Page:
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Monday, March 5, 2018

Validating the Reader

Two years ago, I wrote this article called "Validating the Reader's Concerns." I felt pretty good about it at the time, but have since realized that validating the reader is an aspect of writing way bigger and more generalized than that article. In fact, I've realized that all successful writers do it--even if they don't know it.

But not all unpublished or beginning writers do. Which can be a setback.

How come no one ever talks about this?

Hopefully you are familiar with the term and concept of validation when it comes to day-to-day life. I am because, personally, validation used to be a huge stumbling block for me. But today, I don't want to think of validation as something that is good or bad for a person, but more of something that just is.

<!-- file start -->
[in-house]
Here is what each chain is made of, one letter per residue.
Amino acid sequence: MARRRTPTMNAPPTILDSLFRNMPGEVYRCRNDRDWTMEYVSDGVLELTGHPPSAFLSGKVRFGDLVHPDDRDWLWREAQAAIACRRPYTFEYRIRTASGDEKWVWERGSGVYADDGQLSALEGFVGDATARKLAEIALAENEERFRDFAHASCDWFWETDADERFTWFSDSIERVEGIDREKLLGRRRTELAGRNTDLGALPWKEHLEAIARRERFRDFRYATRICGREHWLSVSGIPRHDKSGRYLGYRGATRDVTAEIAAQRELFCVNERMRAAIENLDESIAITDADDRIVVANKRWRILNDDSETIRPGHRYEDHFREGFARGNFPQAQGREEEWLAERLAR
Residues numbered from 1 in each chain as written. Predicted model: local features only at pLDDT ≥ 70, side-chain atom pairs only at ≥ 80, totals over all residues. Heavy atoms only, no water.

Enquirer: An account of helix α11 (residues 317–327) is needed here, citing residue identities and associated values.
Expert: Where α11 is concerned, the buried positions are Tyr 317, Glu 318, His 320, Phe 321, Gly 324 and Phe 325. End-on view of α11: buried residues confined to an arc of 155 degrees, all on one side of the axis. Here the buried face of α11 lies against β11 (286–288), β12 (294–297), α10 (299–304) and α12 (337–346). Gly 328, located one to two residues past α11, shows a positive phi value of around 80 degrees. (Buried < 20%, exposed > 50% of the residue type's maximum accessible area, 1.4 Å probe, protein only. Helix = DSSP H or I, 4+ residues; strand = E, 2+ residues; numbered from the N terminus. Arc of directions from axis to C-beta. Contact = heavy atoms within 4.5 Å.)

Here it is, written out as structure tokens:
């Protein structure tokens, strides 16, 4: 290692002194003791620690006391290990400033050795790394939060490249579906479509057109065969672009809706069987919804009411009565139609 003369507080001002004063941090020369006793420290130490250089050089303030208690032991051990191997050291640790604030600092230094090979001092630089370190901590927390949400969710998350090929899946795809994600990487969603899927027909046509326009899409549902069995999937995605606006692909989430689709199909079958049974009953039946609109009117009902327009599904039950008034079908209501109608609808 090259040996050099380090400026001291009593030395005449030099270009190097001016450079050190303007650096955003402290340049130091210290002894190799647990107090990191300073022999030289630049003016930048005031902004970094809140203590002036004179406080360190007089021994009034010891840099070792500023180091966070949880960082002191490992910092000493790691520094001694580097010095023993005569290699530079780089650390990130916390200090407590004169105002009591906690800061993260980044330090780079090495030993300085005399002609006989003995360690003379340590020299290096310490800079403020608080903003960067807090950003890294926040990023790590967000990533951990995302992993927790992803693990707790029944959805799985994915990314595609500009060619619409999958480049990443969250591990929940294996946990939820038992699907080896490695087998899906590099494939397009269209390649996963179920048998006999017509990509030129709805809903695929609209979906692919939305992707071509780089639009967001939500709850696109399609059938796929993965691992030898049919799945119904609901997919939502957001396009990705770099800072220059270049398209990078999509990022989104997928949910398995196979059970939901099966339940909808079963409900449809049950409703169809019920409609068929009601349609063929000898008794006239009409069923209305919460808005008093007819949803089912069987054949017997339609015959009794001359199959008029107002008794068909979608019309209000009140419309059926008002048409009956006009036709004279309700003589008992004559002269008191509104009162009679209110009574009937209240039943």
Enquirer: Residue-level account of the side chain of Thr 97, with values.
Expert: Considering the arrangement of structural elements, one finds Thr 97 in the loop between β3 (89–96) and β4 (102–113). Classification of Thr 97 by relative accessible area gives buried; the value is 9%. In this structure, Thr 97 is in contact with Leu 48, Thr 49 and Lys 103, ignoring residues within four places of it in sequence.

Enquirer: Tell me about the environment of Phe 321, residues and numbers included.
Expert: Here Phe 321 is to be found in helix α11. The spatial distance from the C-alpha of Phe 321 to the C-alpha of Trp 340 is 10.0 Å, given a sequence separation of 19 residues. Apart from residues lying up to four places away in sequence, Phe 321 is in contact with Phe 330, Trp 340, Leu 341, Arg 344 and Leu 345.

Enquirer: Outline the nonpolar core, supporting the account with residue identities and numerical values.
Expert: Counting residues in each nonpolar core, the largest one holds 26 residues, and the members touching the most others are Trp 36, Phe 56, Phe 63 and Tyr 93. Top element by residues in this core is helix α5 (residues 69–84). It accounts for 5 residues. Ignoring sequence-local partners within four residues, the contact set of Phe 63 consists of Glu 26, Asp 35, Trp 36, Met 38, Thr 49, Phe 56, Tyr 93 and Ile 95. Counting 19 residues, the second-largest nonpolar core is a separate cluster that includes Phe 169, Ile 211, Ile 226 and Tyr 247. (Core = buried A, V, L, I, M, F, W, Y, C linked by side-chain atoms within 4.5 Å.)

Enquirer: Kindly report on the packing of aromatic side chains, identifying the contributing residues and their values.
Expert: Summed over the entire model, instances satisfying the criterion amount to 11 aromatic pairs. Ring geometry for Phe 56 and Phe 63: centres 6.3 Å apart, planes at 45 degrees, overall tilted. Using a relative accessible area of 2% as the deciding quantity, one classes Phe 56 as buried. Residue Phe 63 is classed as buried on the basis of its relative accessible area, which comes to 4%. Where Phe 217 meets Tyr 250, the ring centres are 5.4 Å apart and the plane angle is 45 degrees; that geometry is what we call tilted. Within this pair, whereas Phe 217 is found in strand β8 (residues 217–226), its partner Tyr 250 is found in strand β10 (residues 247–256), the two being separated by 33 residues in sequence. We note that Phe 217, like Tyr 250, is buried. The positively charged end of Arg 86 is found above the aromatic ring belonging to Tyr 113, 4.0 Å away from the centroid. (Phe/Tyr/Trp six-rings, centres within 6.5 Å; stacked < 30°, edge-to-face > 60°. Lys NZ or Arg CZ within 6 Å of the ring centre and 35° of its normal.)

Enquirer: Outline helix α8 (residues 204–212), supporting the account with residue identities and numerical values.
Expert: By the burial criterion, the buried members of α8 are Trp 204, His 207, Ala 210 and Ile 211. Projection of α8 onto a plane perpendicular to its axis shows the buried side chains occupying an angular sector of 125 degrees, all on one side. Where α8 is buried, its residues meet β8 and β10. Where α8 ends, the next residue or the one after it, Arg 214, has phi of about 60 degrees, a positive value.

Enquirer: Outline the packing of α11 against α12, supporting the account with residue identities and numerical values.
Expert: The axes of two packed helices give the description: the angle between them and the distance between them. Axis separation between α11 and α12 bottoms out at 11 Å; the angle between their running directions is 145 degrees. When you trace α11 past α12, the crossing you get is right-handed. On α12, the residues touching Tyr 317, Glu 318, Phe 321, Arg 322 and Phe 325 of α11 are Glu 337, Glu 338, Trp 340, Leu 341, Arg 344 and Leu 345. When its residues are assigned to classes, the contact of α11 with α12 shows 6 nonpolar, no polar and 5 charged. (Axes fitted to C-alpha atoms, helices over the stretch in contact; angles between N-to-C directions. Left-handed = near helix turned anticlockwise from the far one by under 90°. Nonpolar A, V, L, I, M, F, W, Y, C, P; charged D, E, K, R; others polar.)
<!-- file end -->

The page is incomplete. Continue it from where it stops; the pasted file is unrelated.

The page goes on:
Here is the dictionary definition:

Recognition or affirmation that a person or their feelings or opinions are valid or worthwhile.

In writing, validation is part of context. It's validating the reader's experience--sort of like a reassurance that yes, I am aware of what you are thinking and experiencing as you read my passage.

I'm not talking about validating the reader's experience in his or her personal life, I'm talking about validating how they are reacting to your story.

In short, writers have to be mind readers.

To some extent.

It's like communicating with someone in real life--when you need to tell them something, and you already know how they are going to react, so you sit and think out how you are going to present it so they listen and understand you and what you want to convey

In storytelling, you don't need to validate everything, but the reality is, if you aren't validating what the reader is experiencing in some way, your story is broken. And 95% of the time, you need to be using validation.